How Do You Feel About a 40-Hour Week?

The answer to that question depends on a lot of things. First, do you have a job? Is it a part-time or full-time position? Are you an hourly or salary employee?

How has the economy affected your industry? How much money do you need to sustain your lifestyle? Does your boss like you? Are you motivated enough to work overtime? Do you have the time available to do so?

Etc, etc…

An interesting article at the Wall Street Journal confirms what we’ve known to be the case all along—40 hours for professional employees is perceived in many industries to be a part-time week.

Nearly 38% of men with professional and managerial positions worked over 50 hours a week between 2006 and 2008…

TLNT picked up the article and offered their own comments:

Sometimes, if [employees are] non-exempt, they do this without putting in for the proper overtime they have coming because they know doing so would cause grief for their supervisors and they would be accused of not being a “team player.”

People who want to get ahead, rightly or wrongly, know they need to put in more than the usual 40 hours if they want to succeed.

When I first read this analysis, I honestly wanted to throw up. Our collective drive has blinded us to the realities of human life and the long-term effects of this kind of approach to work, to the point where we willingly throw the legal requirements of employment out the window.

The reality is, however, that if you’re not willing to put in the time, 30 people are lined up at your manager’s door, ready and willing to take your spot. In what continues to be a high-unemployment economy, employees are at a significant disadvantage and under a lot of pressure to perform.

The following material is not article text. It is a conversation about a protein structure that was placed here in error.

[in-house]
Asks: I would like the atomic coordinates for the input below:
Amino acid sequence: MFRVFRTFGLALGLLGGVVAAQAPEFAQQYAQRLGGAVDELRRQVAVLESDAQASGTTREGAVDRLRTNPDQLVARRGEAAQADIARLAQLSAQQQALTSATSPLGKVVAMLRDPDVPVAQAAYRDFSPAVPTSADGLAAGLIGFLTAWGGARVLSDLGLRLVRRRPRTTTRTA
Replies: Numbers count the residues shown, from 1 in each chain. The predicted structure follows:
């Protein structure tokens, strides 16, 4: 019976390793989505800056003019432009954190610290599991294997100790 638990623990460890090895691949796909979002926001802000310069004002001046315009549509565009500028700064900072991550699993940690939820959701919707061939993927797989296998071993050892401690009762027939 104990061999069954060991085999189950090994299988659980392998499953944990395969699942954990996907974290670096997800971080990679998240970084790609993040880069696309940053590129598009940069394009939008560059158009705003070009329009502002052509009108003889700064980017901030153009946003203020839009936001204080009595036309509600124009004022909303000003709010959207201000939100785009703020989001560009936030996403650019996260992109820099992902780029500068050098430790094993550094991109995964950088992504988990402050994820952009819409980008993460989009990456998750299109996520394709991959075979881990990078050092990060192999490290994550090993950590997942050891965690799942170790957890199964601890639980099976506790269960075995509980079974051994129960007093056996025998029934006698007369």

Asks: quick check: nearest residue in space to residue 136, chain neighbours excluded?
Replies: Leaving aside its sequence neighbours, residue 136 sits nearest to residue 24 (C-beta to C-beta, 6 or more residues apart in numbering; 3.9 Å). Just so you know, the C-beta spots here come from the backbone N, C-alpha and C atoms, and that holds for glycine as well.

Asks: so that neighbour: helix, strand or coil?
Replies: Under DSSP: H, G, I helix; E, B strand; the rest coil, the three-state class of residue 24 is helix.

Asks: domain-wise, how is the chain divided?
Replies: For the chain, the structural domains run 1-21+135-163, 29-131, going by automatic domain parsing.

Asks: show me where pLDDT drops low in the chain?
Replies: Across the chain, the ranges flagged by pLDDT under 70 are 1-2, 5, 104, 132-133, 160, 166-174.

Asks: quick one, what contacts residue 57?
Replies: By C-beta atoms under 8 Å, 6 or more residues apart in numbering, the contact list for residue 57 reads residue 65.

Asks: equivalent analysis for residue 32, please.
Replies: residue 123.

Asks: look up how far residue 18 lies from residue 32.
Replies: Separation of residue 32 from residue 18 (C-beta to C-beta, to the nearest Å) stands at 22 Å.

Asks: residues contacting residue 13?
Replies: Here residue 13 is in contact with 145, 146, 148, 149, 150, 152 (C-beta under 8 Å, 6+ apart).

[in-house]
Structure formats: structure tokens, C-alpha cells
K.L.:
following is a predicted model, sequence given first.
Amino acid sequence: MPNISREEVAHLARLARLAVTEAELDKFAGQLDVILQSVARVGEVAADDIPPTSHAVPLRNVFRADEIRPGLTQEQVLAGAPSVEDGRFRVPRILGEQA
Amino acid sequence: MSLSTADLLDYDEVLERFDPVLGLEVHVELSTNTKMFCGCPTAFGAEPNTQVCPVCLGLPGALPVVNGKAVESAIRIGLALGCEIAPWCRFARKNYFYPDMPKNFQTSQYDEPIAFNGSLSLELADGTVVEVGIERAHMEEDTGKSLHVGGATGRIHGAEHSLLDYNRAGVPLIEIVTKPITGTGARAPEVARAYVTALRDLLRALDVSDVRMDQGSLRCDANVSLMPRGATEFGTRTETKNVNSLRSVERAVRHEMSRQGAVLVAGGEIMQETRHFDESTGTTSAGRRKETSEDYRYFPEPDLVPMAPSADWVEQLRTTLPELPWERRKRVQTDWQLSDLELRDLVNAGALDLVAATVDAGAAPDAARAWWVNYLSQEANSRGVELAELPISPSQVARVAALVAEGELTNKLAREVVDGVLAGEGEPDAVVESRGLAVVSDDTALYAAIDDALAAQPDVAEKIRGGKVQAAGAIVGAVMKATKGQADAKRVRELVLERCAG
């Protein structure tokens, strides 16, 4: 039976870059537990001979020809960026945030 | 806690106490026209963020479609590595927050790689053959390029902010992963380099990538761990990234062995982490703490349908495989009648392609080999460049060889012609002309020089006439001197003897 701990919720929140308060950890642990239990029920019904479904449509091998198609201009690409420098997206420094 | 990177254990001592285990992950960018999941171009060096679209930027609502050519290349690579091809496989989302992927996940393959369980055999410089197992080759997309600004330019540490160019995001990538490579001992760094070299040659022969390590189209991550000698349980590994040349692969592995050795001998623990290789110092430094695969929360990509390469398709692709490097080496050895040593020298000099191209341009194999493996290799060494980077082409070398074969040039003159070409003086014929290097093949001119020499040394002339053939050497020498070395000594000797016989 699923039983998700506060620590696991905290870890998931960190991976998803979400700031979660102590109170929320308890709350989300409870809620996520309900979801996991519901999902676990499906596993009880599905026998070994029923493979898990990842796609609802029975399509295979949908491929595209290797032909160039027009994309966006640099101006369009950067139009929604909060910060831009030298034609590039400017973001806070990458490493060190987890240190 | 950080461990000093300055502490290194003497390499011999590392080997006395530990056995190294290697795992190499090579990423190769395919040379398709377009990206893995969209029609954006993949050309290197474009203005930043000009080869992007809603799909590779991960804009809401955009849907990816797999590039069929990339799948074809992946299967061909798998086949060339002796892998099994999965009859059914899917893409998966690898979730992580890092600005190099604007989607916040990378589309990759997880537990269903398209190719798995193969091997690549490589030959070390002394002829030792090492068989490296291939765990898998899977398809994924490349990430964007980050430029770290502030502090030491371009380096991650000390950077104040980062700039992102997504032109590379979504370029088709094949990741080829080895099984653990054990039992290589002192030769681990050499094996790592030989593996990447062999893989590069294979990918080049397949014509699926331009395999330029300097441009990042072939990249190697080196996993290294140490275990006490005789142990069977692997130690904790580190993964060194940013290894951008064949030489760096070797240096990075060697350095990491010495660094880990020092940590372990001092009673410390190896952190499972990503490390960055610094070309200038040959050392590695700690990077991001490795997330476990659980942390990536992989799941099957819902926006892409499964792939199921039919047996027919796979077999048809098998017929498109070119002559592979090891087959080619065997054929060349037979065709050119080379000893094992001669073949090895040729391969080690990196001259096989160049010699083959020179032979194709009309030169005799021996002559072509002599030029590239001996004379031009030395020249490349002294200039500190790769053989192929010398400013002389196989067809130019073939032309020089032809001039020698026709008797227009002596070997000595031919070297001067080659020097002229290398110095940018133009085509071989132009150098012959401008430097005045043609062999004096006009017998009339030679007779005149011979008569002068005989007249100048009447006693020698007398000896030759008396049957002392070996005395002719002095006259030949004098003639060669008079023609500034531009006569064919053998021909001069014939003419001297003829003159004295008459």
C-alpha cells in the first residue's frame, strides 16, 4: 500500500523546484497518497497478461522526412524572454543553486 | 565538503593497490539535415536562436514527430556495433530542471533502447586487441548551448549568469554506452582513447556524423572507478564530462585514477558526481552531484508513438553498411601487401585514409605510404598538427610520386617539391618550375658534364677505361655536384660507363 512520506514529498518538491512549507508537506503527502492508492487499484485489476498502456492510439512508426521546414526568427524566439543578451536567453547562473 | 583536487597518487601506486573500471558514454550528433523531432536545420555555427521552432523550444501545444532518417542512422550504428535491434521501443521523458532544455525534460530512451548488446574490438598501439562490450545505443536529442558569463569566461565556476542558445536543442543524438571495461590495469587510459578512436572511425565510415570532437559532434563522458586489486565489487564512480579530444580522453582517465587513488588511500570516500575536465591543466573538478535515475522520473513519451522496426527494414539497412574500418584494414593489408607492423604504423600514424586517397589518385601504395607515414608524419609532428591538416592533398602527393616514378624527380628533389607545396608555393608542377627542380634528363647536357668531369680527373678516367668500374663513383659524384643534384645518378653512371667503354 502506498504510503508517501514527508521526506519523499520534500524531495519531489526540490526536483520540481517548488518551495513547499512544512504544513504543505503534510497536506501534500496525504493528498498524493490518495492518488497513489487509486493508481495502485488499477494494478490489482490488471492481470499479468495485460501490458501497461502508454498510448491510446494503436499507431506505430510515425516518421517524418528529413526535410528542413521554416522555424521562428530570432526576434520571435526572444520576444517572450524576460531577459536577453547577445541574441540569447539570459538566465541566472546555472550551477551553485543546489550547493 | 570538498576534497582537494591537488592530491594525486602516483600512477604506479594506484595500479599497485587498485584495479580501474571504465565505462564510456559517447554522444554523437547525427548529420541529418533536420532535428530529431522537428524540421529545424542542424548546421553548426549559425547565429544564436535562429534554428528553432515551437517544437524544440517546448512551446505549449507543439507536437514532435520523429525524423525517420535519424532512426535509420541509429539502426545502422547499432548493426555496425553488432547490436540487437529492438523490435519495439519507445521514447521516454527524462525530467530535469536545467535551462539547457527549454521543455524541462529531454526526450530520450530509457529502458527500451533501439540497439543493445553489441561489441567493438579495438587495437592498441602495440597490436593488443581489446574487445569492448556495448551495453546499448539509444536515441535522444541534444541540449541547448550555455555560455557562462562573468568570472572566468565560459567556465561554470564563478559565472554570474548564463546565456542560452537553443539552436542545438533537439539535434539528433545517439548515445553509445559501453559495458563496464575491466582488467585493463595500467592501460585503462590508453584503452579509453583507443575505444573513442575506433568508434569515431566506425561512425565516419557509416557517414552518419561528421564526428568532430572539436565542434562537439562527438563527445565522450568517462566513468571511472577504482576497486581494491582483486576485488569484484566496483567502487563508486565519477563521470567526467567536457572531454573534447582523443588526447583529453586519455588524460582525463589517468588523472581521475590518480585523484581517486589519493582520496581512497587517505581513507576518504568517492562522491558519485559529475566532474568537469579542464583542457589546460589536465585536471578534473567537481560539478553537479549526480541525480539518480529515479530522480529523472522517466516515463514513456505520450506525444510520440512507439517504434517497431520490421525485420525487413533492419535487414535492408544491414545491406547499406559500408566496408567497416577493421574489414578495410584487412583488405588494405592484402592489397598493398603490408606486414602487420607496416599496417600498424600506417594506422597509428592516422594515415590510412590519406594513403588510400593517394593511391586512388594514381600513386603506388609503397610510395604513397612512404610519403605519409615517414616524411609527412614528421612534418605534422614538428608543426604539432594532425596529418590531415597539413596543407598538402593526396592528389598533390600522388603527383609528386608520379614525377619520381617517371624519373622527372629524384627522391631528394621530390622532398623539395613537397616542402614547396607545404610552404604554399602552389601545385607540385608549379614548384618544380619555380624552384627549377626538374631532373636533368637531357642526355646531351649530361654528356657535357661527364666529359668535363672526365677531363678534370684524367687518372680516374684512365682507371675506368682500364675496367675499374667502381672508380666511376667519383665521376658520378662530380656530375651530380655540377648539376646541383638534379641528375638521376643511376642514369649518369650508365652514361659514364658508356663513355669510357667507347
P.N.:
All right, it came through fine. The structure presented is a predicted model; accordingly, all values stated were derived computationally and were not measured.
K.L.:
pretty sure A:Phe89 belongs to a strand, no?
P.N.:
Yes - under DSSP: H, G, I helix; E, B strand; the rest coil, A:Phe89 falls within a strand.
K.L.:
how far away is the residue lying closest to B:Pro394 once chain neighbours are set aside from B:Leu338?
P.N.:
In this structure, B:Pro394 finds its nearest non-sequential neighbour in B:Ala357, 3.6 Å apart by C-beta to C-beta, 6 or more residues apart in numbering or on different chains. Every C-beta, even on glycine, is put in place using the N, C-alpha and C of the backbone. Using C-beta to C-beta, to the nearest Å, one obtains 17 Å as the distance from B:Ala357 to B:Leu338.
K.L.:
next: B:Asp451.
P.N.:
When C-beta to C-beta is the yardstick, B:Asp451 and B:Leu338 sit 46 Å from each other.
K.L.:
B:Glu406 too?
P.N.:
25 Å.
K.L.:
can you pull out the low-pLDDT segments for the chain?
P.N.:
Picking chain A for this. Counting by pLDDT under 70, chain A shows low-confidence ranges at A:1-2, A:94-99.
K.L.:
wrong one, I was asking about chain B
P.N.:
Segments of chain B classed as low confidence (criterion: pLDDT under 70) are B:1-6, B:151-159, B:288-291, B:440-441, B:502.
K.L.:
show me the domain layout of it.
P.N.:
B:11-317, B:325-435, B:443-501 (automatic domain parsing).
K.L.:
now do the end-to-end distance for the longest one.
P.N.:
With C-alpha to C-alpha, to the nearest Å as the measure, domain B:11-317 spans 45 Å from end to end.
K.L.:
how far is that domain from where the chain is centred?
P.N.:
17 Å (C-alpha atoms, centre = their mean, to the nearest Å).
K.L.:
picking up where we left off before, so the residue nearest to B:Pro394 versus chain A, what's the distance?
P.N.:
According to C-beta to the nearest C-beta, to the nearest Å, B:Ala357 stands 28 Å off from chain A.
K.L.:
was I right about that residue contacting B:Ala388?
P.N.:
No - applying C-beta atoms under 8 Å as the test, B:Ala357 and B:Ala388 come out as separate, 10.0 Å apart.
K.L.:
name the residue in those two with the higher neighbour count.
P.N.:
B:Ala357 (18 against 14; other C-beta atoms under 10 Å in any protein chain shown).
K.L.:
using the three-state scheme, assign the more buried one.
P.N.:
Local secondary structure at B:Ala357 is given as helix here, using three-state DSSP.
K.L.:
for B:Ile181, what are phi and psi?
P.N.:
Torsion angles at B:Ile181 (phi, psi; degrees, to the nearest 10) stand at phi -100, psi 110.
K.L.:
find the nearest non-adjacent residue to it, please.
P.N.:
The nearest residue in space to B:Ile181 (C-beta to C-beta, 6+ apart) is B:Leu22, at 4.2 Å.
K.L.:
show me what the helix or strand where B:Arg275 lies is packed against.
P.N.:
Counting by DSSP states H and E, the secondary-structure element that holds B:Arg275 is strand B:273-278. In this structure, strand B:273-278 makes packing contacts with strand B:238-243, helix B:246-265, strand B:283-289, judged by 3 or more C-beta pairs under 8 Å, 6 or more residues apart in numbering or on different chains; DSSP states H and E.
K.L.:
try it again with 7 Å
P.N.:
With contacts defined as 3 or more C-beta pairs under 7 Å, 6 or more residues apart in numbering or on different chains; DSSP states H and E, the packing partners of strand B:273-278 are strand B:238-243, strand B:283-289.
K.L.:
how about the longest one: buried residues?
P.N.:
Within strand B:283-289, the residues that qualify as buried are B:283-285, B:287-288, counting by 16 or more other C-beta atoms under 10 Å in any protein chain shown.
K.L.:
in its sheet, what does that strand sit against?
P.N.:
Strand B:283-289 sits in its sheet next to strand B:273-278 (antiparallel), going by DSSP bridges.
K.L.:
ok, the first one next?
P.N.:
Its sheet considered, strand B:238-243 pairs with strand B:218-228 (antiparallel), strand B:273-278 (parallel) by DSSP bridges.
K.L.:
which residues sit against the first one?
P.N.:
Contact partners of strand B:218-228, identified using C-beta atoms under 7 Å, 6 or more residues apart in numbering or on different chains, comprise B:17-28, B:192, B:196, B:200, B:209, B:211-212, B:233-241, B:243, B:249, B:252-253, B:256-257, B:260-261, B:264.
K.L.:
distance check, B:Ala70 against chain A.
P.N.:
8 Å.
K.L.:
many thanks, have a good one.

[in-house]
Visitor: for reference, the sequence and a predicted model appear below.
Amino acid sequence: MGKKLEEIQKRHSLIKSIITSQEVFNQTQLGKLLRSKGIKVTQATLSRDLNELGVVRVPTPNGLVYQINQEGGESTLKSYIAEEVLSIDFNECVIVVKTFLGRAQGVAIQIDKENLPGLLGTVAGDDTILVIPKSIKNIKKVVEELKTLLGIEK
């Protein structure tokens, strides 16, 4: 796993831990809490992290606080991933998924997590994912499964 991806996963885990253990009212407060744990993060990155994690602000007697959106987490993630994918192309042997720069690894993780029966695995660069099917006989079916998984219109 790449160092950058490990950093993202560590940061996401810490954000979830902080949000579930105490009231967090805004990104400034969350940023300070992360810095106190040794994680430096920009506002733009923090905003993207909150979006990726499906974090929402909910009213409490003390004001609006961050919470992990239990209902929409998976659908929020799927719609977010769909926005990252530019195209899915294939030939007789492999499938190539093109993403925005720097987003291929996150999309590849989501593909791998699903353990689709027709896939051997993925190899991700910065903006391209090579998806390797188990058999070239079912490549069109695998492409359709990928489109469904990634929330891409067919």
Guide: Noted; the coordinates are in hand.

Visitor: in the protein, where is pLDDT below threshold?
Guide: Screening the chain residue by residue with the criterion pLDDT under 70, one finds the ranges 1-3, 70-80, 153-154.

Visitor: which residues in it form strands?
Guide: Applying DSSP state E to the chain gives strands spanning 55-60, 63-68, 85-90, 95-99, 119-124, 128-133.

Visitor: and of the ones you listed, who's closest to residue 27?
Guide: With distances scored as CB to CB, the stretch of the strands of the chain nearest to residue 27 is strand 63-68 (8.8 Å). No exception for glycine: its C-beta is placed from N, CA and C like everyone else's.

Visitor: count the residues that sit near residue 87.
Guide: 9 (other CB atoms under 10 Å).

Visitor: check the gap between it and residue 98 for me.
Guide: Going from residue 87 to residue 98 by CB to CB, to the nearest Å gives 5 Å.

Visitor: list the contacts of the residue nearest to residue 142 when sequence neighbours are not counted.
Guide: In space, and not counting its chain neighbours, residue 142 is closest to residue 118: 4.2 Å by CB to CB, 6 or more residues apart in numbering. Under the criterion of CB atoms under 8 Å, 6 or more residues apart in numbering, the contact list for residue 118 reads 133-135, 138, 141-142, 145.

The old saying is truer than ever—many of us are working more and more for less and less.

I see hope though, because this isn’t the case with everyone. Many employers are using the bad economy to differentiate themselves and show employees exactly how much they appreciate them. Others still have moved on from their corporate jobs and are paving their own way through self-employment, setting their own hours and expectations.

40 Hours for Me

For a long time, I was a workaholic, taking on as much as I could handle and often more. It’s true that this contributed to me getting ahead, but it came at a price. I was often burned out, sick, and my life felt out of balance.

Today, I have a different take on the 40-hour week, perhaps fitting more with my own generation’s increased focus on work-family balance. I see 40 hours as a ceiling, not a floor. My responsibilities extend beyond my job—to my family, my hobbies, my health and spiritual well-being, my personal development and social time.

Yes, I work in a profession that occasionally requires 70-hour efforts to complete a project. I recognize that need and cater to it on a temporary basis, as I would expect anyone else to do. But I also see the effect on colleagues who can’t or won’t put their foot down and put in those weeks on a regular basis. It takes a toll.